In migration and winter, Lesser Scaups feed in the same way but don’t eat as many surface insects. Most dive for food in the waters of bays and lakes that are less than 20 feet deep.
Nesting and Eggs
Lesser Scaups form pairs in spring and start picking nest sites around four weeks after arriving on their breeding grounds. To pick a site, the hen duck flies around to look for a spot with grassy and weedy vegetation around a foot to two feet in height, especially on an island.
As long as the site has enough tall vegetation to hide the nest, this species can also use prairies, marshes, fields, and even floating vegetation. After picking a good spot, the female Lesser Scaup makes a small depression on the ground and starts to lay her eggs.
During egg laying, she adds feathers, grasses, and other vegetation to give the nest some structure and makes sure it is somewhat concealed from above.
She lays 6 to 14 plain, olive-brown eggs that are 2.2 inches long and weigh 1.7 ounces each. The mother duck incubates them for 21 to 27 days, and after they hatch, the ducklings leave the nest within 24 hours.
They stay with their mother for the next two to five weeks but catch food on their own. During this time, the female duck tries to protect them by driving away coots and gulls, and distracting predators by pretending to be injured.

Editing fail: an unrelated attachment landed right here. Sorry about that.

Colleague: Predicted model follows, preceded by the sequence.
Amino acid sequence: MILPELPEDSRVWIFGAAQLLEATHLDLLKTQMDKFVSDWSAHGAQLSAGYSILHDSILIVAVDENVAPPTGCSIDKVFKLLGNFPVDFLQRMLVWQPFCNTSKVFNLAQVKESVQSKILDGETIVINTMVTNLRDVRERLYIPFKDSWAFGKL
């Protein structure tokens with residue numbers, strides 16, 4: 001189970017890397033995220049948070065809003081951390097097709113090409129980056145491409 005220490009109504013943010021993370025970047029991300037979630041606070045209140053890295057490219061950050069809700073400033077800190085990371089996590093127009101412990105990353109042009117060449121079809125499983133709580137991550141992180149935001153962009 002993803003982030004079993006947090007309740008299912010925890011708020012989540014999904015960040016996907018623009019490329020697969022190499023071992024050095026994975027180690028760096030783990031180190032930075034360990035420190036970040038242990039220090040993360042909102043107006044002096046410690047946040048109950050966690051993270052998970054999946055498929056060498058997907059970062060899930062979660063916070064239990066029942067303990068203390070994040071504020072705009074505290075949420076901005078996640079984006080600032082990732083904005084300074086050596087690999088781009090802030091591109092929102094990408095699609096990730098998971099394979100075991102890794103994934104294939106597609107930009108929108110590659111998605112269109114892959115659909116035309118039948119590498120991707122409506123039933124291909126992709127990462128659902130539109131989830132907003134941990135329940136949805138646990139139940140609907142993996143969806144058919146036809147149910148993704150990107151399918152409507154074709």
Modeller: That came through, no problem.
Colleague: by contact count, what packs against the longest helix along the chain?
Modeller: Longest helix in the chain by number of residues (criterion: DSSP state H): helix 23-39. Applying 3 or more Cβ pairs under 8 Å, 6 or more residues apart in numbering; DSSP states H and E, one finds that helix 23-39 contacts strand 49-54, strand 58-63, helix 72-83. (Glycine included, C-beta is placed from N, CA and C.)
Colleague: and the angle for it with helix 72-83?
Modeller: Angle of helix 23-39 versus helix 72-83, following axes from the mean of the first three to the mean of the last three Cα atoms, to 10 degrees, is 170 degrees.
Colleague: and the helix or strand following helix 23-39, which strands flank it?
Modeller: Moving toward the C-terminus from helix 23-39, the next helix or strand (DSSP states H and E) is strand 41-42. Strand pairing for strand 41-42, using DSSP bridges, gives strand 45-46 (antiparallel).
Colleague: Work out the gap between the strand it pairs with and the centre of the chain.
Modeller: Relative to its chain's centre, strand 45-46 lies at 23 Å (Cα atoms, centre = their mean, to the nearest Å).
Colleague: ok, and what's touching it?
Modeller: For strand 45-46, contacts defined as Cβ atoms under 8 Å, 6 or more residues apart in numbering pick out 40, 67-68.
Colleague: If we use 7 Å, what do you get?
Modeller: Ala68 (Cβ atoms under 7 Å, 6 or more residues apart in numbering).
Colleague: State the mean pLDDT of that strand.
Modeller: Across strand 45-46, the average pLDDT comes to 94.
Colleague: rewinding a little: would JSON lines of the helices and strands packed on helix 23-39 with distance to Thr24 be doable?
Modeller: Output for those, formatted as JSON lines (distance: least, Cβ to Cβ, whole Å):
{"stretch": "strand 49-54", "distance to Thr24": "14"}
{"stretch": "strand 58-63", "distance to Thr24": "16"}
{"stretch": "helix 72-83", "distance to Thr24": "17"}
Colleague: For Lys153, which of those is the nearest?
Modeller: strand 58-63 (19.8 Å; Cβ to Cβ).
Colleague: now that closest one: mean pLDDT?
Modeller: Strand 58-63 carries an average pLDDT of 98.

The Lesser Scaup breeds in shallow wetlands and lakes in boreal and montane forests in Alaska, western and central Canada, and parts of the western USA. Large numbers winter on shallow wetlands, reservoirs, big lakes, and calm coastal waters from Vancouver and New York south to Central America.
They are listed as Least Concern in the IUCN Red List and are common birds in most of their range.
The Lesser Scaup is the most common “diving duck” species. It has an estimated population of five and a half million, is fairly common, and is not considered to be threatened. Even so, biologists believe its population is much lower than in the past and should be higher.
Challenges to increasing the numbers of Lesser Scaup are mostly related to habitat degradation both on their breeding grounds and wintering areas.
This species is affected by draining of wetlands, reduction in water quality that reduces mollusks and other prey they feed on, and by oil spills and pollution.
Some birds also die in fishing nets, from collisions with illuminated towers, and other factors. Although Lesser Scaups are still common birds, this could change with continued habitat destruction.